Peace at Stake in Sri Lanka

Stable democracies are not known for coups d'etat, but the president of the strange hybrid government in the South Asian island nation of Sri Lanka engineered the next-closest thing this month. The maneuvering would have been worthy of comic opera were it not for its threat to derail a peace process aimed at ending a 20-year civil war that has killed more than 60,000 people.

President Chandrika Kumaratunga waited until Prime Minister Ranil Wickremesinghe was in Washington to meet with President Bush before she let her longtime antagonism for Wickremesinghe spiral out of control and threaten her country's stability. Kumaratunga suspended Parliament, declared emergency rule and fired three Cabinet ministers who she claimed were giving too many concessions to the Tamil Tiger rebels. She soon ended emergency rule, but her quarrel with Wickremesinghe continues.

The damage she caused could be major. The Tigers, which the U.S. rightly labels a terrorist group, broke off peace talks in April but floated a new proposal shortly before Kumaratunga's imperious gestures. The Tigers then said they would wait for the two leaders to resolve their differences before resuming negotiations.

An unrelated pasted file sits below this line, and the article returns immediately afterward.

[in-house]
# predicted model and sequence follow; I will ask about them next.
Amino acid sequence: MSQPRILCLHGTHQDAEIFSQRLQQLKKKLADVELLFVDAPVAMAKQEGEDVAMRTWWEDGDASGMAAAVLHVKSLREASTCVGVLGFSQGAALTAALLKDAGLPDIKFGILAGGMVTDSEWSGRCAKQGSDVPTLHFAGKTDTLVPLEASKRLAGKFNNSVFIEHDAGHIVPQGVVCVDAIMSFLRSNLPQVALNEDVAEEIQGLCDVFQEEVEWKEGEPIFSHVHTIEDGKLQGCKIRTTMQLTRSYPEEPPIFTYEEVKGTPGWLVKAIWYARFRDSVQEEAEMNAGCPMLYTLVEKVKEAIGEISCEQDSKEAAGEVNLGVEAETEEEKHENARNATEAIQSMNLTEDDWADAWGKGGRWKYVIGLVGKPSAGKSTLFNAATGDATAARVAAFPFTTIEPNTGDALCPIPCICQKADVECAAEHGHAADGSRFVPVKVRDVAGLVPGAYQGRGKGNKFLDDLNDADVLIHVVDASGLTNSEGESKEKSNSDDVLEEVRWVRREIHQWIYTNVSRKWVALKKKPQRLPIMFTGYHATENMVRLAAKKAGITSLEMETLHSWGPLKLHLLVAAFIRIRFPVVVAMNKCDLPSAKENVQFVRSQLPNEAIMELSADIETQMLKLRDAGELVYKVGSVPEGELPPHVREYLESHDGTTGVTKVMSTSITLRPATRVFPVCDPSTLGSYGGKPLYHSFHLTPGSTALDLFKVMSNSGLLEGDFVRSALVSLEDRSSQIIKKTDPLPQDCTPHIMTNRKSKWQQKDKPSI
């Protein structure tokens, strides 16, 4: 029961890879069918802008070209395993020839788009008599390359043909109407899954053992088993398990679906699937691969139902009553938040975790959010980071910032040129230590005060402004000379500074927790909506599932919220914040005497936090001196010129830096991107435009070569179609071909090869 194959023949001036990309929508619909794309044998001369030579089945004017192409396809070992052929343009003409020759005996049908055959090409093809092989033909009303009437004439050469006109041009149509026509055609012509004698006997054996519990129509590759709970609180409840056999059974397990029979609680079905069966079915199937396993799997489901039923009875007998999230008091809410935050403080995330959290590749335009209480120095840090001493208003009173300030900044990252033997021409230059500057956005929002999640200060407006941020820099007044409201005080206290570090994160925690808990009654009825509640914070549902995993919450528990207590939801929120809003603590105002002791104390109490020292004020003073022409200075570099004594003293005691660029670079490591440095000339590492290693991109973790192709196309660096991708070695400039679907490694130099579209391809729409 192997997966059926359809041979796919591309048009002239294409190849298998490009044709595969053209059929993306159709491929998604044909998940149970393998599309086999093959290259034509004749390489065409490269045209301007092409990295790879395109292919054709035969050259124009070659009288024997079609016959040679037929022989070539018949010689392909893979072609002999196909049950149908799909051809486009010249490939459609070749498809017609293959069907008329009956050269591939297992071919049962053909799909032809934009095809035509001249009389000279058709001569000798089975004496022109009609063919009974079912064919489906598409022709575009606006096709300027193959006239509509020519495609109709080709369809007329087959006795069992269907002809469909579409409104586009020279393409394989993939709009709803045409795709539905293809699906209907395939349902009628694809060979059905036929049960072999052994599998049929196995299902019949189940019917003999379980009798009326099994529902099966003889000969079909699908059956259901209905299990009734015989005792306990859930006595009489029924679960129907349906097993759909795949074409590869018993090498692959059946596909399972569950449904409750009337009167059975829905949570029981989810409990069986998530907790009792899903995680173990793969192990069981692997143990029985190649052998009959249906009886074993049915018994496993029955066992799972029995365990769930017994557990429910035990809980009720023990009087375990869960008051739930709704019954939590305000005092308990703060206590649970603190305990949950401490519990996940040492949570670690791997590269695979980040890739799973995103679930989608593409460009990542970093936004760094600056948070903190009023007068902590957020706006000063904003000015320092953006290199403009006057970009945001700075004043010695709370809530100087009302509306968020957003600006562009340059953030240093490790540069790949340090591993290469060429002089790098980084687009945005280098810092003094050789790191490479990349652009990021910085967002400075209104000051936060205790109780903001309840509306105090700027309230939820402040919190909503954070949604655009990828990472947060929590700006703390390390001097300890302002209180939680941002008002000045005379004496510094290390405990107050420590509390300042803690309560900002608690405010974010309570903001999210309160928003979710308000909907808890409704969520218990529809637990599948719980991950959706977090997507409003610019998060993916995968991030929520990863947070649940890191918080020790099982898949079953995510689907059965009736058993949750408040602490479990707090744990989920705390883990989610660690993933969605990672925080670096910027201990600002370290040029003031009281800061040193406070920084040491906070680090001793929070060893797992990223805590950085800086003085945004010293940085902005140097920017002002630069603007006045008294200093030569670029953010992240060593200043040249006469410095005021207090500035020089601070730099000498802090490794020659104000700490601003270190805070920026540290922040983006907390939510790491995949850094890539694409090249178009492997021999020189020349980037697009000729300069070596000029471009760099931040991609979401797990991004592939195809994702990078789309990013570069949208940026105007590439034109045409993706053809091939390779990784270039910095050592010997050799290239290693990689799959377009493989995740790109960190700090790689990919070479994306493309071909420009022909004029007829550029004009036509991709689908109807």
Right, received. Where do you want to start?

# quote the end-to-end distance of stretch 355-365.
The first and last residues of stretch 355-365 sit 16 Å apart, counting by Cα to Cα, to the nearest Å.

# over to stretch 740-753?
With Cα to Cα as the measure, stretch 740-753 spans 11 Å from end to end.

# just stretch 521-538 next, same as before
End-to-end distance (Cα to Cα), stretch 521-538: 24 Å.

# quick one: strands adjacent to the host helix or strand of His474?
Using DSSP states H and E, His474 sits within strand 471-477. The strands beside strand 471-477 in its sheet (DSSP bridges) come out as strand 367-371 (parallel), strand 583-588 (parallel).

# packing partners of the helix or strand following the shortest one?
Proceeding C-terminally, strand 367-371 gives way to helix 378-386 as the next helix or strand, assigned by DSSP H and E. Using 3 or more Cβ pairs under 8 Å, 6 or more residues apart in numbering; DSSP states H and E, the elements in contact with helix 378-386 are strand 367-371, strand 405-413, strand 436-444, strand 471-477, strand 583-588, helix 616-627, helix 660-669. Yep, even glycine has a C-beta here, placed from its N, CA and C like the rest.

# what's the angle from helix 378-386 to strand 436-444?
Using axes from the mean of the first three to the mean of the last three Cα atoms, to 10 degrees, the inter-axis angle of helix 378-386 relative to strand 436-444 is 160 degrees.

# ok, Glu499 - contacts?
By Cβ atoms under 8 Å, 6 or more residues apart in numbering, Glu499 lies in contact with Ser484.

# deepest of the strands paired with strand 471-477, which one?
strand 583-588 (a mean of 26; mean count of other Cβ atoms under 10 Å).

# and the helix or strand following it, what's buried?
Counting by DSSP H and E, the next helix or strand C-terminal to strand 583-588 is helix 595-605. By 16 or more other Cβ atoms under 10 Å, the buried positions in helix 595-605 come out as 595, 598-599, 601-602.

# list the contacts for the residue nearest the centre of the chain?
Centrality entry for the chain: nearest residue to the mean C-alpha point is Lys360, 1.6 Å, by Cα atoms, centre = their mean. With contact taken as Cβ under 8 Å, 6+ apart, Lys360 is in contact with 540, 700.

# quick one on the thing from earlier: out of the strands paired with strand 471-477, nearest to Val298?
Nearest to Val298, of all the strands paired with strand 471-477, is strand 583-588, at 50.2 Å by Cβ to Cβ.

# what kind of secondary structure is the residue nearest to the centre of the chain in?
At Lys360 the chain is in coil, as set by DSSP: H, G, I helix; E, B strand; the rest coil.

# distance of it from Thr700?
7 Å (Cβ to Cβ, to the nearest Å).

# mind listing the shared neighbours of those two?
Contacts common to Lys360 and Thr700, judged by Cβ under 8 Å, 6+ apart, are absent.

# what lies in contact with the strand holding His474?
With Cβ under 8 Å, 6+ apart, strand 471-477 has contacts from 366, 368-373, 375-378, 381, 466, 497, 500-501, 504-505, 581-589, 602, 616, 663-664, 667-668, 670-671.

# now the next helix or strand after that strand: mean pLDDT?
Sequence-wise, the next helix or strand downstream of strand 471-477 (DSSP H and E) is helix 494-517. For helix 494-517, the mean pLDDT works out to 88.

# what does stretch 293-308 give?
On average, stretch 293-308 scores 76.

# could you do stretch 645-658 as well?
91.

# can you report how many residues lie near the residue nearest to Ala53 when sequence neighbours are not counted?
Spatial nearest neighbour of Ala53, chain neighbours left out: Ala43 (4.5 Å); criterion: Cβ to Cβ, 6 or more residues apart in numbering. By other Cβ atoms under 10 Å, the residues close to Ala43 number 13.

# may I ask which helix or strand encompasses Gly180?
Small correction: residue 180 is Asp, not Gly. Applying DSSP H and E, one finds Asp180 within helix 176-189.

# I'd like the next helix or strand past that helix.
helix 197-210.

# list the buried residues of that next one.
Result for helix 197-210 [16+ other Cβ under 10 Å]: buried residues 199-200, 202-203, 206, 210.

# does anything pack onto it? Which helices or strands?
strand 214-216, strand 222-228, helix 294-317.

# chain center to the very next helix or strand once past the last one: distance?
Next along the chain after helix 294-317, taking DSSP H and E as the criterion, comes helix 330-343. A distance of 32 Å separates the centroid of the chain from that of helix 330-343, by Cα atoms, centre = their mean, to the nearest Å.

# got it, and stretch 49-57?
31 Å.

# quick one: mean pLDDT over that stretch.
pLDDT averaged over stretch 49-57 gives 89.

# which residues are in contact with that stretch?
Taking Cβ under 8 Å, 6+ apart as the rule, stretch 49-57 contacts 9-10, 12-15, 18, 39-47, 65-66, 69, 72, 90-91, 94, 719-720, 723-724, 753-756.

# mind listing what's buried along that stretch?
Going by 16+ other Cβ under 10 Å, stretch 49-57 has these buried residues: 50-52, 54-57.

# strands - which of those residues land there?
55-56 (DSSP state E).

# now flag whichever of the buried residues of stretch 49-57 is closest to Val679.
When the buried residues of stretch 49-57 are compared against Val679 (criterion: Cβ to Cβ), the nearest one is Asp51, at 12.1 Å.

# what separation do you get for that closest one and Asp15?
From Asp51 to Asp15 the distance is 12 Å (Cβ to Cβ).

Worse, Norway, which mediated between the warring factions and was instrumental in forging a cease-fire last year, on Friday agreed that more talks would have to wait until the political infighting ended.

Wickremesinghe runs the government day-to-day, but Kumaratunga, head of an opposition party that lost elections two years ago, commands the armed forces and has the power to dissolve government.

New elections may be required; if so, the best result would be a decisive majority for Wickremesinghe, who campaigned as a peace candidate last time. A convincing win could show Kumaratunga that she has misread the desire of Sri Lankans to end the killings.

Other countries, especially Japan and the U.S., have rightly supported peace talks and pledged money to repair war damage. But Sri Lanka's problems could spill over its borders again. Early in the war, neighboring India supported the Tamils, who account for about 20% of Sri Lanka's population and are a sizable ethnic group in India.

When New Delhi ended its aid, a Tamil suicide bomber assassinated Rajiv Gandhi, India's former prime minister. Kumaratunga and Wickremesinghe, both members of Sri Lanka's majority Sinhalese ethnic group, need either to work together or leave government and let the peace process resume.

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